Lady Gaga talking about her PTSD after a sexual assault is something we all need to hear

While on the Today show Monday morning, Lady Gaga talked about her PTSD from sexual assault that happened when she was 19 years old. Gaga was in a segment visiting the Ali Forney Centre, an LGBTQ homeless shelter in New York City, and said, “The kindness that’s been shown to me, by doctors as well as my family and my friends, it’s really saved my life,” she said. She added that she struggled with the mental illness and that she meditates to help ease her anxiety and stay grounded.

Afterwards, she wrote on Twitter that she had “shared one of her deepest secrets” and linked to the video for everyone to see. It’s a good thing Lady Gaga can link her PTSD to her sexual assault, since it’s one of the side effects of rape that sometimes we gloss over. We talk about survivors struggling for the rest of their lives, but oftentimes that “struggle” and the recovery process is dealing with PTSD.

In fact, according to the National Violence Against Women Prevention Research Center, 31 percent of all rape victims develop PTSD after their assault at some point during their lifetime. And one in 10 survivors, or around 11 percent, “still have PTSD today.”

Another study, according to the Department of Veterans Affairs, found that 94 out of 100 women experience PTSD symptoms — thinking about the assault, nightmares, depression, anxiety, and insomnia — in the immediate two weeks after their assault. A lot of times the symptoms are underreported because of the shame and stigma attached to the assault. Even Lady Gaga herself, when she first talked about the rape, admitted that she remained quiet for almost 10 years because she blamed herself, which is common among survivors. And so the PTSD goes unchecked.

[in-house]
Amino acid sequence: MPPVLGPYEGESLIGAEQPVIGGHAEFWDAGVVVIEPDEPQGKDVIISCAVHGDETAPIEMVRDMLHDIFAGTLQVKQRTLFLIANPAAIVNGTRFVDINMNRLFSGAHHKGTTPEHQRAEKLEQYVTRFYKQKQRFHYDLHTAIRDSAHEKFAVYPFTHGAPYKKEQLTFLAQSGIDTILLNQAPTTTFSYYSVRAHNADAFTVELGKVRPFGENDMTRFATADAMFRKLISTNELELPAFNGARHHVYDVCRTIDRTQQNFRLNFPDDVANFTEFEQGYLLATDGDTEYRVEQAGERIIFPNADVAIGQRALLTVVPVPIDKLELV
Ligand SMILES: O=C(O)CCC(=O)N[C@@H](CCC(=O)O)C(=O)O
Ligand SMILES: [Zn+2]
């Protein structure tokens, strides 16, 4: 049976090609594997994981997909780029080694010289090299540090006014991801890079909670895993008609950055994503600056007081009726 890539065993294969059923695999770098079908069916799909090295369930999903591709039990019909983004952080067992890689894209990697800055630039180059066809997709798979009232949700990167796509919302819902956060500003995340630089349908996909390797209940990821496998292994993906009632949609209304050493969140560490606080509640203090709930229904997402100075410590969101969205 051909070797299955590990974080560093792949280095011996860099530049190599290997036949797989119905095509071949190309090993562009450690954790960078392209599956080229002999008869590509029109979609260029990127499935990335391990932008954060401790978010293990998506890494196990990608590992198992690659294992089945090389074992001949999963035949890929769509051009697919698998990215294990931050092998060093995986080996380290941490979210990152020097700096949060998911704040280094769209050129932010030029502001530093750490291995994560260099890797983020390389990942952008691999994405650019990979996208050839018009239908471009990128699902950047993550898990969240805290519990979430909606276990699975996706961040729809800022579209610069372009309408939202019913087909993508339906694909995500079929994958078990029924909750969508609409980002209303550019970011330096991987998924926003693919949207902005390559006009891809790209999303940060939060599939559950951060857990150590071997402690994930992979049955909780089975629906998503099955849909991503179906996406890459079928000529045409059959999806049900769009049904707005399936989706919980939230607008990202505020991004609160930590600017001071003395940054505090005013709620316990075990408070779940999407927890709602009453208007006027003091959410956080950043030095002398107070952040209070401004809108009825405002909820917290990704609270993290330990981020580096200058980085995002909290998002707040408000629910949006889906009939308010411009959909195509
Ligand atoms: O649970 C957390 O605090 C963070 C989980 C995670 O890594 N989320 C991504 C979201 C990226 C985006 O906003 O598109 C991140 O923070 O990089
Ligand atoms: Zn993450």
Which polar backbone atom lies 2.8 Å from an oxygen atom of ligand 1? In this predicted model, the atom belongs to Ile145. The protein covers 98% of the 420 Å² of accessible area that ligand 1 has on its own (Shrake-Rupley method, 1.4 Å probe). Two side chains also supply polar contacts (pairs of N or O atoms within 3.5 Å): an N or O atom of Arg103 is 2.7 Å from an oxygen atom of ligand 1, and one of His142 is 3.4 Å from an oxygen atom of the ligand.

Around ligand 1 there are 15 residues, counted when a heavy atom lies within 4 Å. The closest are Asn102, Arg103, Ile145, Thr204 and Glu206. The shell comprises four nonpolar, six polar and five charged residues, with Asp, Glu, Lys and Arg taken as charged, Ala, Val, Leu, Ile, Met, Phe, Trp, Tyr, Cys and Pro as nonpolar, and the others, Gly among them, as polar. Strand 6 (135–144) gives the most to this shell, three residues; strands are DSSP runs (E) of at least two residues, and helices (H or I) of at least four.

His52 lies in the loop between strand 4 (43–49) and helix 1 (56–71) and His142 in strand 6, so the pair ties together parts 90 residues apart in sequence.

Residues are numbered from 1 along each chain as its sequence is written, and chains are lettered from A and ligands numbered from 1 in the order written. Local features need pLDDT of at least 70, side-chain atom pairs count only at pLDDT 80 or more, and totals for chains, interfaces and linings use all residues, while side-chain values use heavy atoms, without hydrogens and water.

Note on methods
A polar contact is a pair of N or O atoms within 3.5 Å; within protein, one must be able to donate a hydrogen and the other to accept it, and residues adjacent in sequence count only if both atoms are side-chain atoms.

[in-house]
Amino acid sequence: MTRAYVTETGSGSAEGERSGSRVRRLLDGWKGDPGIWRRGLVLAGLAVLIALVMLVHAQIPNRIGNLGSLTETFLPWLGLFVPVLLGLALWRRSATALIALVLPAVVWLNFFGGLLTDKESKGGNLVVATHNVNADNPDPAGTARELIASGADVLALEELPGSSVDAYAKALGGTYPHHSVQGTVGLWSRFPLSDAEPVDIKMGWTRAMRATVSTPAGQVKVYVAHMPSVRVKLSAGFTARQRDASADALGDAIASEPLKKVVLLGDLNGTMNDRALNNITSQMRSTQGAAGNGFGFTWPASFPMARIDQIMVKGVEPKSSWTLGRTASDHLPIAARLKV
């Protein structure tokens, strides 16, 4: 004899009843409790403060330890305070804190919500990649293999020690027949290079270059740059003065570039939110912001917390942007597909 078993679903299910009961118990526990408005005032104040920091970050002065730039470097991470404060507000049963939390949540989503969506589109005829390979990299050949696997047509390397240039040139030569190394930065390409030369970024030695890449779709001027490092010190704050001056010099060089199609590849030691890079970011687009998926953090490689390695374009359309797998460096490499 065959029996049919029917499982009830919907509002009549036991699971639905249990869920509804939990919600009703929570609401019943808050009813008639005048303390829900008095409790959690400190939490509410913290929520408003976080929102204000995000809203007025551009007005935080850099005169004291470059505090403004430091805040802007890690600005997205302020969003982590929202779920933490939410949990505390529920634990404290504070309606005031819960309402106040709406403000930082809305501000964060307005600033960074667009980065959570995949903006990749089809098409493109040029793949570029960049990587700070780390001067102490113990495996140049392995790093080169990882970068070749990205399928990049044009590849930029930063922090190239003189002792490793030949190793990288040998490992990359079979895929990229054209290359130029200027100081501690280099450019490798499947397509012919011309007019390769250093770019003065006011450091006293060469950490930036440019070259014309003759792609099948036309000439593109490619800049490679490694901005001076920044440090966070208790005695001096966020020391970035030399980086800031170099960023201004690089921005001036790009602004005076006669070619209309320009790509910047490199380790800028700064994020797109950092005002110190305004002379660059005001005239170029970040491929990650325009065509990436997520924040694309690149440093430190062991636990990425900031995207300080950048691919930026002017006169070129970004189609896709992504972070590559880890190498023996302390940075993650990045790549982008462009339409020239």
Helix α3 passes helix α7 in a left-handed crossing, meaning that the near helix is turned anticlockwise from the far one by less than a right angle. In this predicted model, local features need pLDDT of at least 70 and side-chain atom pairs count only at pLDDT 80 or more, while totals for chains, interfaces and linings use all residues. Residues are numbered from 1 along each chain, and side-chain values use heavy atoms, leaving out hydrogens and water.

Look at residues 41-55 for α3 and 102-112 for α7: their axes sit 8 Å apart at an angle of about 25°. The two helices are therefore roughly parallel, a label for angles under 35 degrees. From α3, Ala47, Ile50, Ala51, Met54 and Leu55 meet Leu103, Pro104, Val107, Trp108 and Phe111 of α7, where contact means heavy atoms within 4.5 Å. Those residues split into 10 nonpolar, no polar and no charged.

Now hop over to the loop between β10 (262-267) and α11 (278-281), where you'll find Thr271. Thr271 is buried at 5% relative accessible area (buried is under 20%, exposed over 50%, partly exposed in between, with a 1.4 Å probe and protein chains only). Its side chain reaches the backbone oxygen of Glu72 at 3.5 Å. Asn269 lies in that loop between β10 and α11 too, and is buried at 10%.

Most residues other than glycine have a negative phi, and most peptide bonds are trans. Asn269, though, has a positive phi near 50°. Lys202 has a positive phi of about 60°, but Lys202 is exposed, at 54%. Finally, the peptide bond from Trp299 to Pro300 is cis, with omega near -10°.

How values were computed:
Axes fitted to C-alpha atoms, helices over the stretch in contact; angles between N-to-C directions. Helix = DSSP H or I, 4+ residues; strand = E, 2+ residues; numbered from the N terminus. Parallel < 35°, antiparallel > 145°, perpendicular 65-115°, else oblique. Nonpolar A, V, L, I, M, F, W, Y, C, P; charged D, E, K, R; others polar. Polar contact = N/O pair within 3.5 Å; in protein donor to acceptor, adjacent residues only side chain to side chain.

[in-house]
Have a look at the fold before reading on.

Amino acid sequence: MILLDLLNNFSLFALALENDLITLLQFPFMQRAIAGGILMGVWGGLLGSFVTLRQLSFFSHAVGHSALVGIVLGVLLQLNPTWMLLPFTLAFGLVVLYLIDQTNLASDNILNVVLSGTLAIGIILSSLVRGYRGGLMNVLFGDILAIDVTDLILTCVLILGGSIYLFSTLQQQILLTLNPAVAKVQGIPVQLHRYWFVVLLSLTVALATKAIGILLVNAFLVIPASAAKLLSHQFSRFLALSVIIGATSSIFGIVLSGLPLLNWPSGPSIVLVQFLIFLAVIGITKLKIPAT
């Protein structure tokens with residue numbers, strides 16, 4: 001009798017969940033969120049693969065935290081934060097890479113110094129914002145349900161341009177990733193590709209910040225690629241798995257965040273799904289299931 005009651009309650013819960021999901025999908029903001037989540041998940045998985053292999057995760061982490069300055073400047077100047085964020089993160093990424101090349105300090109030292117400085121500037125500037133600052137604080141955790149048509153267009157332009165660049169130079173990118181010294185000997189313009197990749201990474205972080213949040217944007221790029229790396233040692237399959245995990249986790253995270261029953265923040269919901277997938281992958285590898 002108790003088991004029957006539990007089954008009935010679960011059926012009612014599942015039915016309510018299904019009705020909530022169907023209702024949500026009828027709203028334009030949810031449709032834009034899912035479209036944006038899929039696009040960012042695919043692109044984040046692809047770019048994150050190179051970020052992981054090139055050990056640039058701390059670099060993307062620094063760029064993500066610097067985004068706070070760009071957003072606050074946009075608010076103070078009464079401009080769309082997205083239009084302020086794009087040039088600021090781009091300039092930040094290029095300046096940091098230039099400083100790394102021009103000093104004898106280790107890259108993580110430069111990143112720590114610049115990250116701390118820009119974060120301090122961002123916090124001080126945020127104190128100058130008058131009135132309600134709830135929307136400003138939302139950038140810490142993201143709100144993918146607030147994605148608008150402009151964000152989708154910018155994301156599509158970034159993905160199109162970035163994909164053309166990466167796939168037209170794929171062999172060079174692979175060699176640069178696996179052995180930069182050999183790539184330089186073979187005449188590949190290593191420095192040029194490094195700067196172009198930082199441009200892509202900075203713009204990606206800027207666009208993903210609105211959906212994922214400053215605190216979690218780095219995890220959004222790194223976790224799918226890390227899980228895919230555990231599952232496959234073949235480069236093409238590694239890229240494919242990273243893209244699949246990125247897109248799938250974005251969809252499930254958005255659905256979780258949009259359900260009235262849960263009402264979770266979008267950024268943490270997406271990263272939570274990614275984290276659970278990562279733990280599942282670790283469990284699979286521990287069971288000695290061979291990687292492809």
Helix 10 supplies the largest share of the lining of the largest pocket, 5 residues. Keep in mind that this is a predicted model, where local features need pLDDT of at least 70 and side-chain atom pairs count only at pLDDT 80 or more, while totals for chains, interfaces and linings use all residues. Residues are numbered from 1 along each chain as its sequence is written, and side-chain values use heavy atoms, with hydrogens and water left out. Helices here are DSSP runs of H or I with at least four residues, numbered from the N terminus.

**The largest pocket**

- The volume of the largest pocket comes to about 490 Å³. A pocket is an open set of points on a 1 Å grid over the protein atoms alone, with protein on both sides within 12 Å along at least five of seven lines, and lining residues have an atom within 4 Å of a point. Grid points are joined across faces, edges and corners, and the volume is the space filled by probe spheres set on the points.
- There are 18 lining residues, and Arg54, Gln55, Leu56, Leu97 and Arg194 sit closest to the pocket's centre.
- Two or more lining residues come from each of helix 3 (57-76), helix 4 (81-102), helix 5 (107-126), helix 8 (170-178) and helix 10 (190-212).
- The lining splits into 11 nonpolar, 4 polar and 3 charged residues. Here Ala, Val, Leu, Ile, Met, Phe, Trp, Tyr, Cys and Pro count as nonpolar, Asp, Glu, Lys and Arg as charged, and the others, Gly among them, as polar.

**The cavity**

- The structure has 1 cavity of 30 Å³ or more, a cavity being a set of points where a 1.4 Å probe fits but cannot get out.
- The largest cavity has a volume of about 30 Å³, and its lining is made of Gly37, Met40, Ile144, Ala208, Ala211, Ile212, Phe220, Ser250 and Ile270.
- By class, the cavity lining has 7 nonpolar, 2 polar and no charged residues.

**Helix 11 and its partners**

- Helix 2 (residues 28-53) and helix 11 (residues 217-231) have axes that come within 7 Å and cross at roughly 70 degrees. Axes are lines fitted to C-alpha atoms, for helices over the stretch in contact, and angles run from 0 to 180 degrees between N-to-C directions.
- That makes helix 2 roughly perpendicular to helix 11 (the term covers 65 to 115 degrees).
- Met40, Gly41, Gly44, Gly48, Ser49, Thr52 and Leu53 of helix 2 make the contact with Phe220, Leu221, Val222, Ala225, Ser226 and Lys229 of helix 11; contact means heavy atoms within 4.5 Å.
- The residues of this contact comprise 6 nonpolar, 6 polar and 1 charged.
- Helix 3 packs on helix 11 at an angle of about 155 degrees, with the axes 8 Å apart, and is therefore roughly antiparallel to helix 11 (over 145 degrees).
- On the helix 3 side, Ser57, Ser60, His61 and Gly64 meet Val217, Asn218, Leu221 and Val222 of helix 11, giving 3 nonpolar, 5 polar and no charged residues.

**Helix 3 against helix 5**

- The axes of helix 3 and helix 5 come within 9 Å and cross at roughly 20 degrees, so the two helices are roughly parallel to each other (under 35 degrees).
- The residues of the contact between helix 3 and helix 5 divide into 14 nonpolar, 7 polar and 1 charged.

This is the same for men who suffer from PTSD, though men are more likely to have anger responses and troubling controlling it, while women are more likely to suffer from depression and anxiety. And those are two mental health issues that can sneak up on a person and lead to even more dangerous health problems, like substance abuse issues. The National Women’s Study found that women with PTSD are 13.4 times more likely to have an alcohol problem and 26 times more likely to have a “serious drug abuse” problem.

It can be a terrible cycle of self abuse, which is why Gaga speaking openly about rape and PTSD (and all the help she’s received from medical professionals) is such a big deal. Talking about PTSD, its symptoms, and the fact that it is a mental illness is essential when talking about rape. It’s never just about the assault — it’s about what survivors have to deal with every single day of their lives after the rape, too. And those consequences shouldn’t be a “deep” secret, but something survivors (and advocates) can talk about openly.